Edelman: Honor King With Actions That Give Every Child A ChanceDate Released: January 29, 2018
Children’s Defense Fund founder visits Morehouse for Martin Luther King Jr. Lecture and Conversation Series
By ADD SEYMOUR JR.
Just a day after civil rights icon Martin Luther King Jr. ’48 was assassinated in Memphis in 1968, Washington, D.C., like many other cities in America, saw many angry African Americans rioting in the streets.
Marian Wright Edelman, founder and president of the Children’s Defense Fund, had been in D.C. working with King and his Poor People’s Campaign. And during her visit to Morehouse on Wednesday, Jan. 24, she spoke about a conversation she had with a 13-year-old boy in D.C. that has driven her each day for the last 50 years.
I went over to the public schools in the District of Columbia to tell children not to riot and ruin their future,” Edelman said. “A little black boy stood up and said to me, ‘Lady, What future? I ain’t got no future. I ain’t got nothin’ to lose.’ I’ve spent the last 50 years trying to prove that boy’s truth wrong. I don’t ever want to hear a child say that. I want that child to say that ‘I am ready to go to Morehouse.’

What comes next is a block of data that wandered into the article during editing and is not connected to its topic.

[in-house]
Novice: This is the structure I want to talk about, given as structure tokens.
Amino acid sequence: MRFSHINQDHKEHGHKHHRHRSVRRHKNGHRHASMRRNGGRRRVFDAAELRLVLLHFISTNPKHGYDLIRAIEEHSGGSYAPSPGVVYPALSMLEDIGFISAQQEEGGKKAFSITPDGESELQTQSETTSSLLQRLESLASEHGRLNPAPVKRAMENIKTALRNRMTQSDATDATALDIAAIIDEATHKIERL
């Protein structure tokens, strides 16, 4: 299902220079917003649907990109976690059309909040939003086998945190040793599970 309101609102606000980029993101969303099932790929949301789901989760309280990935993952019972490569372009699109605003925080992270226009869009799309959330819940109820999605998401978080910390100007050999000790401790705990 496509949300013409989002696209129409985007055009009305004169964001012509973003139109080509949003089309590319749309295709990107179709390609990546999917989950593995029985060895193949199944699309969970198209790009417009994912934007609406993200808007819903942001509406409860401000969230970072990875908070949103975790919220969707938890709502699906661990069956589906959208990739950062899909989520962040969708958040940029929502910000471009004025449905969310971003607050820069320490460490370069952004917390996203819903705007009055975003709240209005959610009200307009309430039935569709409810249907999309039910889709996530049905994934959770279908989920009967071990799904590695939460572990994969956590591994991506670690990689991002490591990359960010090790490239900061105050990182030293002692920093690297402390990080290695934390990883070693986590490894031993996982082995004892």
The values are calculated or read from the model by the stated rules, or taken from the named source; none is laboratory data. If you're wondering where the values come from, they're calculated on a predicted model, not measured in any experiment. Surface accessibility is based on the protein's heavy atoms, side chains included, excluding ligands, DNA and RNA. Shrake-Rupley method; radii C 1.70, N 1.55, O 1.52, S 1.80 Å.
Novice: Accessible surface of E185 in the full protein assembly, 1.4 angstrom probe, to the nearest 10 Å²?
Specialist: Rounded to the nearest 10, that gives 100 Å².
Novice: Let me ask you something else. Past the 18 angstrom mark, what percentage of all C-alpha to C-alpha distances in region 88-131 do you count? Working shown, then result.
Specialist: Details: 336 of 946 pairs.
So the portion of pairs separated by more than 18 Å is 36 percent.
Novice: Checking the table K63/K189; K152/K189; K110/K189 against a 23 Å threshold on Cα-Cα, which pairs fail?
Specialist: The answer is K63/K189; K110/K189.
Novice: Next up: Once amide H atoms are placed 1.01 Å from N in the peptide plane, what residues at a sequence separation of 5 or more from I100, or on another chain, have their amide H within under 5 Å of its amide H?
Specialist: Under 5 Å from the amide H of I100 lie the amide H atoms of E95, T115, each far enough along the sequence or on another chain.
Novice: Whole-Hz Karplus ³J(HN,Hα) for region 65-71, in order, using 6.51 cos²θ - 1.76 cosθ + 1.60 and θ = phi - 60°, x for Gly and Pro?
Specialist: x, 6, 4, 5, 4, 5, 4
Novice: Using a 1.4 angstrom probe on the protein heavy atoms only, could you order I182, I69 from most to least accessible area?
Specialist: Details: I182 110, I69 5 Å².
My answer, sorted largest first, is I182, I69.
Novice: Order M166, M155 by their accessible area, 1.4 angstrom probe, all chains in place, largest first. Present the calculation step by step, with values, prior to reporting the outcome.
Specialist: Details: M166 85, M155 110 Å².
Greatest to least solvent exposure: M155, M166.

“We’ve got to have a movement to keep our children safe and to give them hope and to give them a future,” she said. “The country needs it. We need to have it. Our children need it.”
Edelman was at Morehouse for the Martin Luther King Jr. Lecture and Conversation Series discussion “Looking Back and Beyond: The Unfinished Work of Dr. Martin Luther King Jr,” presented by the Office of the Morehouse College Martin Luther King Jr. Collection. She spoke to a capacity audience in the Emma and Joe Adams Concert Hall of the Ray Charles Performing Arts Center.
“We chose this theme tonight because we want to acknowledge the importance of history, of telling the story, of remembering the narratives of the many men and women who, like Dr. King, gave their lives to change circumstances in our nation and the world,” said Vicki Crawford, director of the Morehouse College Martin Luther King Jr. Collection.
Last Modified: January 29, 2018, 11:01 AM, by: Kara Walker